House Minority Leader Kevin McCarthy says Democrats are abusing their power and discrediting democracy by “trying to impeach the president because they are scared they can’t defeat him at the ballot box.” (Oct. 31)
WASHINGTON – The two Democrats who broke from their party Thursday to vote against an impeachment inquiry are political conservatives representing congressional districts President Donald Trump won in 2016.
Rep. Collin Peterson of Minnesota and Rep. Jeff Van Drew of New Jersey joined every Republican in opposing a resolution that lays out a road map for an inquiry that will decide whether articles of impeachment should be filed against Trump over his efforts to pressure Ukraine to investigate 2020 political rival Joe Biden and his son, Hunter.
The resolution passed 232-196 along almost entirely partisan lines.
It sets rules for how the various House committees involved in the process will funnel their evidence to the Judiciary Committee, which traditionally considers whether to recommend articles of impeachment.
The Intelligence and Judiciary committees will hold public hearings, with the release of transcripts of the confidential witness testimony that the trio of committees collected in depositions.
Van Drew, a freshman whose southern New Jersey district encompasses Cape May, Atlantic City and part of the Philadelphia suburbs, said he and Peterson had talked before the vote.
“Colin would always kid. He said, ‘It’s just going to be you and me’ and I said, ‘no, it might be more people’. But it was just him and me,” the former dentist said with a laugh. “He’s been around a long time. He knows what’s going on.”
Peterson, a 15-term Democrat who represents a sprawling, rural Minnesota district that stretches from Iowa to Canada, had been saying for weeks that he was worried impeachment would become a partisan “tool” to override the results of an election.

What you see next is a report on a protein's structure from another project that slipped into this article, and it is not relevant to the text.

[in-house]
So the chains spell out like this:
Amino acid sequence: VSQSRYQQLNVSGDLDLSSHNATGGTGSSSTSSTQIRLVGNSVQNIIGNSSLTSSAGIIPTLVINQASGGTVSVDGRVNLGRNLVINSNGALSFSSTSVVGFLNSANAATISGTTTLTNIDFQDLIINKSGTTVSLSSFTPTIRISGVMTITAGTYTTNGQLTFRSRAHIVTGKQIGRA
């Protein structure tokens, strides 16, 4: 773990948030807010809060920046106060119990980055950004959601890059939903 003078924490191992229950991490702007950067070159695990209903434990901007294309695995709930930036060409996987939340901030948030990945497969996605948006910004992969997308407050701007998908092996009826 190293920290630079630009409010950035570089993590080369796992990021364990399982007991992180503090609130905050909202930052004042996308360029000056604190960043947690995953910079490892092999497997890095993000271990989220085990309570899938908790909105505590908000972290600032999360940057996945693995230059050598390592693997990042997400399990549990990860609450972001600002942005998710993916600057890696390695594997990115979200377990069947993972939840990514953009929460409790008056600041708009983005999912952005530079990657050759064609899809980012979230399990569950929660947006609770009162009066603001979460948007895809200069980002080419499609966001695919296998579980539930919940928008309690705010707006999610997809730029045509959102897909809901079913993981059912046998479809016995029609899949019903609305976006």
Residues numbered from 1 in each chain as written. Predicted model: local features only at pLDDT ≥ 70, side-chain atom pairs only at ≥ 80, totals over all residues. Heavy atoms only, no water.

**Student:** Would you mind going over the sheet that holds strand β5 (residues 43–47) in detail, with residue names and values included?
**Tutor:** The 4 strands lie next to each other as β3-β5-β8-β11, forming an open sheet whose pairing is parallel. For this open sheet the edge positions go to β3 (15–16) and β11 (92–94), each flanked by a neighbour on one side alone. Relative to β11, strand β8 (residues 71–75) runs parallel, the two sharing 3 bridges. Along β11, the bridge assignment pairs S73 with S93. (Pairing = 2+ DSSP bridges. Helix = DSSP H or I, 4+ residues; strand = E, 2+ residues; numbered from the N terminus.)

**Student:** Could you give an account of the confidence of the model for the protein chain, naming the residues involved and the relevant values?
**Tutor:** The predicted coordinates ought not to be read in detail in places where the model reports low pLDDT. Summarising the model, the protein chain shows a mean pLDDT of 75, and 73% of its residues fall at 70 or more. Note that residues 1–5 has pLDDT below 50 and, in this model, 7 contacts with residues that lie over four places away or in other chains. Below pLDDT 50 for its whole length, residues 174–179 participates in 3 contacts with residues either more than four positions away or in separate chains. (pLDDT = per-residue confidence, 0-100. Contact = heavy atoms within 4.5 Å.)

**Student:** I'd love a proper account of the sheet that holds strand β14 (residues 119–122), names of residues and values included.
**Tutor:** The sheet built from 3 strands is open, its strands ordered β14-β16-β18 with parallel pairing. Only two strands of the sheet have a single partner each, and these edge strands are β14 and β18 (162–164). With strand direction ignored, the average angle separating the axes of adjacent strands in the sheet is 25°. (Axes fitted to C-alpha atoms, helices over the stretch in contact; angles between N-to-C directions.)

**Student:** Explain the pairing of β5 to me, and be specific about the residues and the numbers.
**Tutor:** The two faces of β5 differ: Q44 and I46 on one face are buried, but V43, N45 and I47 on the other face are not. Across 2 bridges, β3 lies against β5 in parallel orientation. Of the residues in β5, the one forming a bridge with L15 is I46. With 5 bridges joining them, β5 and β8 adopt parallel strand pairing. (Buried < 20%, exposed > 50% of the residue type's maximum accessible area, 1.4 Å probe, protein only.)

“I have been hearing from my constituents on both sides of this matter for months, and the escalation of calls this past week just shows me how divided our country really is right now,” he said in a statement released to the media after the vote.
Peterson, 75, who chairs the House Committee on Agriculture, said he had “some serious concerns” about the way the closed-door depositions have been handled and that he was “skeptical that we will have a process that is open, transparent and fair.”
One Republican, Rep. Francis Rooney of Florida, who was seen as a possible ‘yes’ vote on the inquiry because of concerns he expressed about Trump’s conduct ended up voting against the resolution.
“While today’s resolution opens the way the hearings will be conducted in many ways, which is an improvement, the process is still less open to having all sides represented than prior impeachments,” Rooney said in a statement. “A truly judicial process like deployed in the Nixon and Clinton cases would be the best solution to assure due process. As to the merits of the impeachment case itself, I have consistently kept an open mind and listened to the facts as presented – and will continue to do so.”
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Both Peterson and Van Drew got slammed by the progressives after their votes Thursday.
“Vote them out in 2020,” tweeted Elizabeth Cronise McLaughlin, CEO of the Gaia Project for Women’s Leadership.
“They are Democrats in name only. And like all DINOs, they need to go extinct from the House of Representatives,” tweeted Eugene Gu, a California doctor with a large social media following.
Van Drew got criticized from the right as well.
The day before the New Jersey congressman voted against the inquiry, the National Congressional Republican Committee said the vote he cast Thursday “won’t save his reelection hopes.”
“Van Drew will be forced to vote on Democrats’ impeach inquiry tomorrow and will be alienating either the battleground voters who oppose impeachment or his socialist base hellbent on removing President Trump for office,” the NRCC said in a release. “It’s a lose-lose for JVD.”
Contributing: Christal Hayes, Bart Jansen
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